My Darkest Days Talk "Sick and Twisted Affair"
Mon, 09 Apr 2012 07:29:58
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My Darkest Days get right down to business on their second album, Sick and Twisted Affair.
The nine songs comprising the record exude the kind of sexy swagger that's been missing from rock 'n' roll for far too long. Eschewing the self-righteous maudlin tendencies of so much modern rock, each track boasts an anthemic bombast that was meant to fill arenas and get girls grooving. The group taps into an infectious energy, and they're unstoppable on cuts like current single "Casual Sex" and "Love Crime". It's one of the most memorable rock records of the year, and you'll be partying to it for a long time to come.
In this exclusive interview, My Darkest Days guitarist Sal Costa talks Sick and Twisted Affair and so much more...
Did you approach Sick and Twisted Affair with one vision in mind?
Well, it was a much different experience than the last record. For example, when My Darkest Days started recording the previous album, the band was a trio. During the recording, band members were added, and the sound was changing. We started touring with different bands. If you listen to our last record, there are a lot of songs that are so different tonally. "Set It on Fire" is like a ska or reggae tune. Then, we have songs like "Porn Star Dancing". We toured for 15 months on that album with heavy rock bands like Avenged Sevenfold, Three Days Grace, and Stone Temple Pilots, and we started to see what our fan base really was. It was definitely rock listeners. We're a heavy rock band at heart. This time, we went into the studio with a much better idea of how we were going to put everything together. The lineup of the band has been solid too. We recorded Sick and Twisted Affair from different studios. We'd literally get on Skype with our producer, and we'd be recording from our home studios and sending the Pro Tools sessions over to each other. Sometimes, we would be in the studio together. Other times, we'd be in different provinces working on songs. It was really crazy.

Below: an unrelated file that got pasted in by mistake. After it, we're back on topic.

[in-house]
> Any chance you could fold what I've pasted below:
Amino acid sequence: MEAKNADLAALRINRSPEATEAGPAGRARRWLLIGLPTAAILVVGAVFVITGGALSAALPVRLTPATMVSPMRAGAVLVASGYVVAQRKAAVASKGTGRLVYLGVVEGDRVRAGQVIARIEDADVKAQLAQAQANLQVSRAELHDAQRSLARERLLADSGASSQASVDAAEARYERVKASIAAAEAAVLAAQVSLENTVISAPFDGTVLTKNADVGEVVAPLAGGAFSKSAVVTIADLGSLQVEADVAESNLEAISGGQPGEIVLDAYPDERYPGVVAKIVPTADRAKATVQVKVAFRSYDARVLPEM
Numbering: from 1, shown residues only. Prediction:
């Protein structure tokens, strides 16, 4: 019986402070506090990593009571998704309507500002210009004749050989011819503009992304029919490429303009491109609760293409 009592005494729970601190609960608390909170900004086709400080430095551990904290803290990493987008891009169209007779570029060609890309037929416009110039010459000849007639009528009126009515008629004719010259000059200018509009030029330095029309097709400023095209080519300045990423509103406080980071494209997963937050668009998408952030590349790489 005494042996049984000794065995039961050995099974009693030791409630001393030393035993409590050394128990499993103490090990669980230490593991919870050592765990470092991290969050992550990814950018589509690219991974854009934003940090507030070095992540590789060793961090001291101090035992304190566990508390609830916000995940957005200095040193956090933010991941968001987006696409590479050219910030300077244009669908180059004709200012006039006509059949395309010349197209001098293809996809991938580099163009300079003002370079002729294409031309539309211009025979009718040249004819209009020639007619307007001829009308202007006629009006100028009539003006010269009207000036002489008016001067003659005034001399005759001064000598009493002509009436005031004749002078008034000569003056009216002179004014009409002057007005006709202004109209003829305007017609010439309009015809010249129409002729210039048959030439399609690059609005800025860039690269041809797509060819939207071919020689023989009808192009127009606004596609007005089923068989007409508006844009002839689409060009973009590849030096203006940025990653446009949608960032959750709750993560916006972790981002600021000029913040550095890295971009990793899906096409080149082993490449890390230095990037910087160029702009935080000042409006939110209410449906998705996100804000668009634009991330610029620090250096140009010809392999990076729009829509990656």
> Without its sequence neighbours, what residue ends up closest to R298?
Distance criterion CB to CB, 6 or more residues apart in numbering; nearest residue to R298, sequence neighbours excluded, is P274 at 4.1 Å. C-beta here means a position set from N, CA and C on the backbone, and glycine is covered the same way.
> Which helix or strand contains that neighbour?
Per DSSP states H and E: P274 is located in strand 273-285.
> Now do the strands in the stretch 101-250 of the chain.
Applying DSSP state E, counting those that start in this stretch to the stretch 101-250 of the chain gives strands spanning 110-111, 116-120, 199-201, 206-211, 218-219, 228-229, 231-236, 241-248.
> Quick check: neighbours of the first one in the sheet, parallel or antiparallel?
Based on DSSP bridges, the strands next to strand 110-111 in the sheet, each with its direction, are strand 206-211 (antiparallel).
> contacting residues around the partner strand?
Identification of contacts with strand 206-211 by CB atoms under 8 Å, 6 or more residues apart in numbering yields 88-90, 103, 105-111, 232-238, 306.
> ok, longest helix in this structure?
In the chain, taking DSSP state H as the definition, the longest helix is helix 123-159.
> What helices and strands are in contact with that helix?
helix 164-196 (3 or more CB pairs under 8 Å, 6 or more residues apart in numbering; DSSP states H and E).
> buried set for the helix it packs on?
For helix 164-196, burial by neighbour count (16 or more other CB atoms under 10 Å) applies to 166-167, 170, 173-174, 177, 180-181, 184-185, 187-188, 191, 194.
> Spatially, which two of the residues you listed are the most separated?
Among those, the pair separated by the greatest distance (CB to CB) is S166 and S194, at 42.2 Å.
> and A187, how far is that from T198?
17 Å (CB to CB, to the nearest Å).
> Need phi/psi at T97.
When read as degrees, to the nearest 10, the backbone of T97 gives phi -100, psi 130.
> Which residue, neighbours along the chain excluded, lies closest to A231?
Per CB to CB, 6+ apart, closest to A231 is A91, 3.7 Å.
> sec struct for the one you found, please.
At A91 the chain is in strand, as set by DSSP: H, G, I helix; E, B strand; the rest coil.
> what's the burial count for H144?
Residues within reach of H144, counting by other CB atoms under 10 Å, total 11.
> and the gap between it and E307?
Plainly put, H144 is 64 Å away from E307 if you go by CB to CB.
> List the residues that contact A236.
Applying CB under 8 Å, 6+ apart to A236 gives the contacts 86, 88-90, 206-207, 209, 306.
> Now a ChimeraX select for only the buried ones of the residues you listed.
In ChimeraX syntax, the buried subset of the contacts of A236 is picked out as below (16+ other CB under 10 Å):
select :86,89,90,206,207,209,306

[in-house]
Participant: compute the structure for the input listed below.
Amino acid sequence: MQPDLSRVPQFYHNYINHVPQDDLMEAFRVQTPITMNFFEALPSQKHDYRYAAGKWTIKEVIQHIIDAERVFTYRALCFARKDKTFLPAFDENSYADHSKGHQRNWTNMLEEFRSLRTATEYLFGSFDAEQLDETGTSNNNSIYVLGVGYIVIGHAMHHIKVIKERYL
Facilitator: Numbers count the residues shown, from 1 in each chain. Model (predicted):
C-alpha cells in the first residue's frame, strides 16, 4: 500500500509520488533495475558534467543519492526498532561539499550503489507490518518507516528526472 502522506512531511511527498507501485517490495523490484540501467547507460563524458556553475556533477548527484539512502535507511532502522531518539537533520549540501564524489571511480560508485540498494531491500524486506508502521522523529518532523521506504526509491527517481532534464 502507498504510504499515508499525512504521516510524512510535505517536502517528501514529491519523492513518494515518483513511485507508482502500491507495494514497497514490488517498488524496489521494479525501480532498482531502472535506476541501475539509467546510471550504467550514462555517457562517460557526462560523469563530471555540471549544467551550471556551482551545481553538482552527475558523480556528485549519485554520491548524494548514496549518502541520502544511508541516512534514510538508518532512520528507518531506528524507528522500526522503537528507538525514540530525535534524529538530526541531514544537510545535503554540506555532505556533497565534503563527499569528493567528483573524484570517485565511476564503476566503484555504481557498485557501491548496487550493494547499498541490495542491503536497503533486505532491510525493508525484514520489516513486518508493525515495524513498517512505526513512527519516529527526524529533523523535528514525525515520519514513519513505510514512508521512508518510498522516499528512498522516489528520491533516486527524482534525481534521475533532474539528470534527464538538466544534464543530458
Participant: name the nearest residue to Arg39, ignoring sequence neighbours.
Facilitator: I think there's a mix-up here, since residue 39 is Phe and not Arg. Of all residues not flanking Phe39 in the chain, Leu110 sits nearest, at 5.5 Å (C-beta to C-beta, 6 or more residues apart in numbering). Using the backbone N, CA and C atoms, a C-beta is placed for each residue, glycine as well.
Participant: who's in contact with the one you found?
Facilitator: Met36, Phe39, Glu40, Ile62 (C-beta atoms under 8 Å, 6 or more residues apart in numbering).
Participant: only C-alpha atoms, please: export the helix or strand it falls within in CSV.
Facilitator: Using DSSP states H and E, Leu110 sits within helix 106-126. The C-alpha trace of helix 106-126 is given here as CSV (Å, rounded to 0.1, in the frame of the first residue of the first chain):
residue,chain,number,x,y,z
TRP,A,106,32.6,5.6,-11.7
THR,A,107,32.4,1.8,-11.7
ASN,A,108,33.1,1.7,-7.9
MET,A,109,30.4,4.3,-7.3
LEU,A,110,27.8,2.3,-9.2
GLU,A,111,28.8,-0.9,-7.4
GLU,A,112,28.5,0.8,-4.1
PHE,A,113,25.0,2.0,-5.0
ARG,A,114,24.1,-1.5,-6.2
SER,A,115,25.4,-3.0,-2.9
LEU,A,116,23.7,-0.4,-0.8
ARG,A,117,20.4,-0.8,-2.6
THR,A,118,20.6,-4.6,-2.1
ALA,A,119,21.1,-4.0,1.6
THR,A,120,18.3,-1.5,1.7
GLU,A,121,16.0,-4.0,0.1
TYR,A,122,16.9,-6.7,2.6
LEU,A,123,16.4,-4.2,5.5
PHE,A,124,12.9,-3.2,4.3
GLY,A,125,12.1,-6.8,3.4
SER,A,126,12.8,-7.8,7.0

What's the story behind "Love Crime"?
It's about infidelity. We actually wrote that song on the road. We were in a Walmart parking lot. I'd written the riff a few days before, and I recorded it. I had a hard time coming up with a melody for it. I went over to Matt's bunk, and I was like, "Matt, can you come up with a melody for this?" He said, "Love Crime," and I thought it was a wicked title. We went from there and wrote this song about infidelity and literally being caught in a love crime. It was really cool to see that song grow.
Was the video shoot for "Casual Sex" a fun day?
Dude, it was insane. I thought the "Porn Star Dancing" video was fun. That was just epic.
There are few modern bands who still embrace that decadence of the '80s.
We're those kinds of guys who just don't care what people think. We really respect the working woman, man. When we were an independent band, we'd jam and then we'd go to the strip club. We're embracing that. We respect the girls and what they do.
Rock 'n' roll can still be a party.
It's very true. That's what it's all about. When I started playing rock 'n' roll, I inherited my sister's old CD collection. In there, I found a VHS tape of the Use Your Illusion tour with Guns N' Roses. My sisters are nine and eleven years older than me. Most of my friends were listening to Hanson at the time. I'd watch Guns N' Roses and Mötley Crüe tapes, and I liked them much more [Laughs]. Then I thought, "I'm going to start playing rock!"
Is it important for you guys to tell stories with the songs?
I think so. Back in the '70s and '60s, it was all about mystery with bands like Led Zeppelin and Pink Floyd. You couldn't find information about the artists you loved, it was only their music. You literally had to sit there and try to puzzle together what they were trying to say. There was no Wikipedia or Google where you could type in, "What is this song about?" You had to sit there and listen. It was a different experience. Nowadays, people want information quickly. The Internet changed everything. Nowadays, you have to deliver a message and still be artistic and creative. You have to tell a story in a way people will understand it right away. We consciously make an effort to do that.
If you were to compare Sick and Twisted Affair to a movie or a combination of movies, what would you compare it to?
Maybe Fear and Loathing in Las Vegas? Talking about movies, Matt and I went to New York to finish writing "Love Crime". The day we were leaving New York, Matt was flying to Nashville, and I was flying somewhere else. He left before me. I was walking around New York, and I saw a premiere for a European movie called Love Crime. It was really weird to just finish a song with the same title [Laughs].
Have you heard Sick and Twisted Affair?